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Old July 21st, 2020, 10:11 PM #1
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Easier lead removal cheap!

I have Taurus Tracker revolvers with internal compensators. If you shoot lead bullets in these things, eventually they grow lead and carbon. In the past I have used the 50/50 vinegar/hydrogen peroxide and Q tips and scrapping to get it clean.

Recently I read some posts about people keeping their screw on compensators clean. One method was to spray them with some stuff which would keep the lead from forming. I thought this sounded great but I wanted to use something cheaper and easier to purchase.

Enter Deep Creep. Anyone who has owned an boat probably knows about Seafoam and Deep Creep. We used them to clean built up carbon from our pistons and cylinders. I figured I would try it on one of my Taurus revolver. This revolver compensator had a medium amount of lead in it when I decided to spray it and shoot some bullets. I couldn't believe it but, shooting the wet compensator took the lead and carbon residue off the compensator. When I saw how well this worked, I decided to try cleaning the carbon buildup from the cylinders as I had been shooting 44 Special loads in my .44 mag revolver. I shot 12 bullets using Berry Bullets and the cylinders were clean.

Just thought I would pass this tip on in case a MDS member had the same problem.
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Vietnam '72 - '73

"A veteran is someone who, at one point in his life, wrote a blank check made payable to the United States of America for an amount of up to and including my life. That is honor, and there are way too many people in this country who no longer understand it."
(credit to a USAF pilot)

For those who gave all.
https://www.youtube.com/watch?v=UUZHTE1jMXg


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Old July 21st, 2020, 11:28 PM #2
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Quote:
Originally Posted by John from MD View Post
I have Taurus Tracker revolvers with internal compensators. If you shoot lead bullets in these things, eventually they grow lead and carbon. In the past I have used the 50/50 vinegar/hydrogen peroxide and Q tips and scrapping to get it clean.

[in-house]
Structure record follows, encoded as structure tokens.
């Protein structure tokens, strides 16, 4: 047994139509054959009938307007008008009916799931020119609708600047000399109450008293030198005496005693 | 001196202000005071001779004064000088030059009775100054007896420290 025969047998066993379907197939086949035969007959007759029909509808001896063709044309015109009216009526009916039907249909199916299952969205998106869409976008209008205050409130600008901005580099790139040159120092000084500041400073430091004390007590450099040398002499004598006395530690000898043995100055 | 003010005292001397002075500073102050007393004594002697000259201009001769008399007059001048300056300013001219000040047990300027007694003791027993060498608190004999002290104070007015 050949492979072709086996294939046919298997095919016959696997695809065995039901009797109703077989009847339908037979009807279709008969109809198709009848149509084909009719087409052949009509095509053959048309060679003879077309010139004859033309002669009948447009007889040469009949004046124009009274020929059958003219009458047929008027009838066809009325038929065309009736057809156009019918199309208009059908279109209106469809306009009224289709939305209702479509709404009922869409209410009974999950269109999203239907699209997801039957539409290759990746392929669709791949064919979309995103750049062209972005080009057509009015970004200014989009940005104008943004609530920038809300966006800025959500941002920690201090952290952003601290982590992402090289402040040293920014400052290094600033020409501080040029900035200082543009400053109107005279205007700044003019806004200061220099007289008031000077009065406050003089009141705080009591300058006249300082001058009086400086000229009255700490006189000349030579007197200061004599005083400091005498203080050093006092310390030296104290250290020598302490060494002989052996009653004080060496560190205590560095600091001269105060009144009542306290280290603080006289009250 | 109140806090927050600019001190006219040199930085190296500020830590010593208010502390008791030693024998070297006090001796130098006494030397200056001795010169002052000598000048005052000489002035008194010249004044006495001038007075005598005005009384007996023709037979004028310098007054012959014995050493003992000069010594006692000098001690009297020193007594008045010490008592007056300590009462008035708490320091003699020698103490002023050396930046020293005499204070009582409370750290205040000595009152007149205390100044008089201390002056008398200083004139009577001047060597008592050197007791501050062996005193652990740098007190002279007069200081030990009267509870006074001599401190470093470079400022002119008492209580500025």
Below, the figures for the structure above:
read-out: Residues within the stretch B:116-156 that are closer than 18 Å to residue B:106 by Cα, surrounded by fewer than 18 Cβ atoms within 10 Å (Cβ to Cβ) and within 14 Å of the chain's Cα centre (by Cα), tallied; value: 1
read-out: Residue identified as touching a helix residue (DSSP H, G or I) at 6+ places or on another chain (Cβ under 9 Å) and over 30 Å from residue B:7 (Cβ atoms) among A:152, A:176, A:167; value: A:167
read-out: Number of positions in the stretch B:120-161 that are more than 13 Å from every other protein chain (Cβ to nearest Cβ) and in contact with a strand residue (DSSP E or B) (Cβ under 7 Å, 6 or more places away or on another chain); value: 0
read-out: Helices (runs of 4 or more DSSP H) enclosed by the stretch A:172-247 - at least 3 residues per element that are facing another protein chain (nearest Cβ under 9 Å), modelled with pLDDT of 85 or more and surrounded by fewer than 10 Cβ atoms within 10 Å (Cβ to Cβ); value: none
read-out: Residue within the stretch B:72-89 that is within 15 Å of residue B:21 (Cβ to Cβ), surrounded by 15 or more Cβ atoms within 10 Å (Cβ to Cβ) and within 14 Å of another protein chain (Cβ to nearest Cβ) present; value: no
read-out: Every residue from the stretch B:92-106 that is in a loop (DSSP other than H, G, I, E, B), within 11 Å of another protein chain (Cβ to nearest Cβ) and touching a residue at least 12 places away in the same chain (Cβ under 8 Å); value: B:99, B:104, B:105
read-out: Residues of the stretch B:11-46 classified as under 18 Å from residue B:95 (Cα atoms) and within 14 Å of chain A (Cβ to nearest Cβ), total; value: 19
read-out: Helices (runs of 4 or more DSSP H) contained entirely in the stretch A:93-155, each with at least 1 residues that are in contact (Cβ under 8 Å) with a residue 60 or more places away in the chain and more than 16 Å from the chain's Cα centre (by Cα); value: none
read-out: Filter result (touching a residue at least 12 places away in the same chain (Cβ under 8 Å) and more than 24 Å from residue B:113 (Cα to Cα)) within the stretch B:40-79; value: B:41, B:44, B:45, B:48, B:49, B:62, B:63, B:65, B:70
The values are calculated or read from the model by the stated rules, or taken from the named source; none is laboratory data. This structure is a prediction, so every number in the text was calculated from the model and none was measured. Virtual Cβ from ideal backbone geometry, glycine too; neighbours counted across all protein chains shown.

Recently I read some posts about people keeping their screw on compensators clean. One method was to spray them with some stuff which would keep the lead from forming. I thought this sounded great but I wanted to use something cheaper and easier to purchase.

Enter Deep Creep. Anyone who has owned an boat probably knows about Seafoam and Deep Creep. We used them to clean built up carbon from our pistons and cylinders. I figured I would try it on one of my Taurus revolver. This revolver compensator had a medium amount of lead in it when I decided to spray it and shoot some bullets. I couldn't believe it but, shooting the wet compensator took the lead and carbon residue off the compensator. When I saw how well this worked, I decided to try cleaning the carbon buildup from the cylinders as I had been shooting 44 Special loads in my .44 mag revolver. I shot 12 bullets using Berry Bullets and the cylinders were clean.

Just thought I would pass this tip on in case a MDS member had the same problem.
Be careful with that. Unlike metallic lead, lead acetate is a lot more toxic as it's much more readily absorbed into the body. Lead acetate requires separate disposal, don't flush into the sewer system, water or soil.
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Old July 22nd, 2020, 05:12 AM #3
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Quote:
Originally Posted by Alan3413 View Post
Be careful with that. Unlike metallic lead, lead acetate is a lot more toxic as it's much more readily absorbed into the body. Lead acetate requires separate disposal, don't flush into the sewer system, water or soil.
I'm aware of the dangers and take the proper precautions including sending it out with my chrome stripping hazmat. That said, I may not have to use it anymore as it appears that the Deep Creep method really works well.
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John
Vietnam '72 - '73

"A veteran is someone who, at one point in his life, wrote a blank check made payable to the United States of America for an amount of up to and including my life. That is honor, and there are way too many people in this country who no longer understand it."
(credit to a USAF pilot)

For those who gave all.
https://www.youtube.com/watch?v=UUZHTE1jMXg


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Old July 22nd, 2020, 06:27 AM #4
Todd S Todd S is offline
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Easier lead removal cheap!

Quote:
Originally Posted by John from MD View Post
I'm aware of the dangers and take the proper precautions including sending it out with my chrome stripping hazmat. That said, I may not have to use it anymore as it appears that the Deep Creep method really works well.

Iíll bite. What is the deep creep method?

NM, I saw your previous post.


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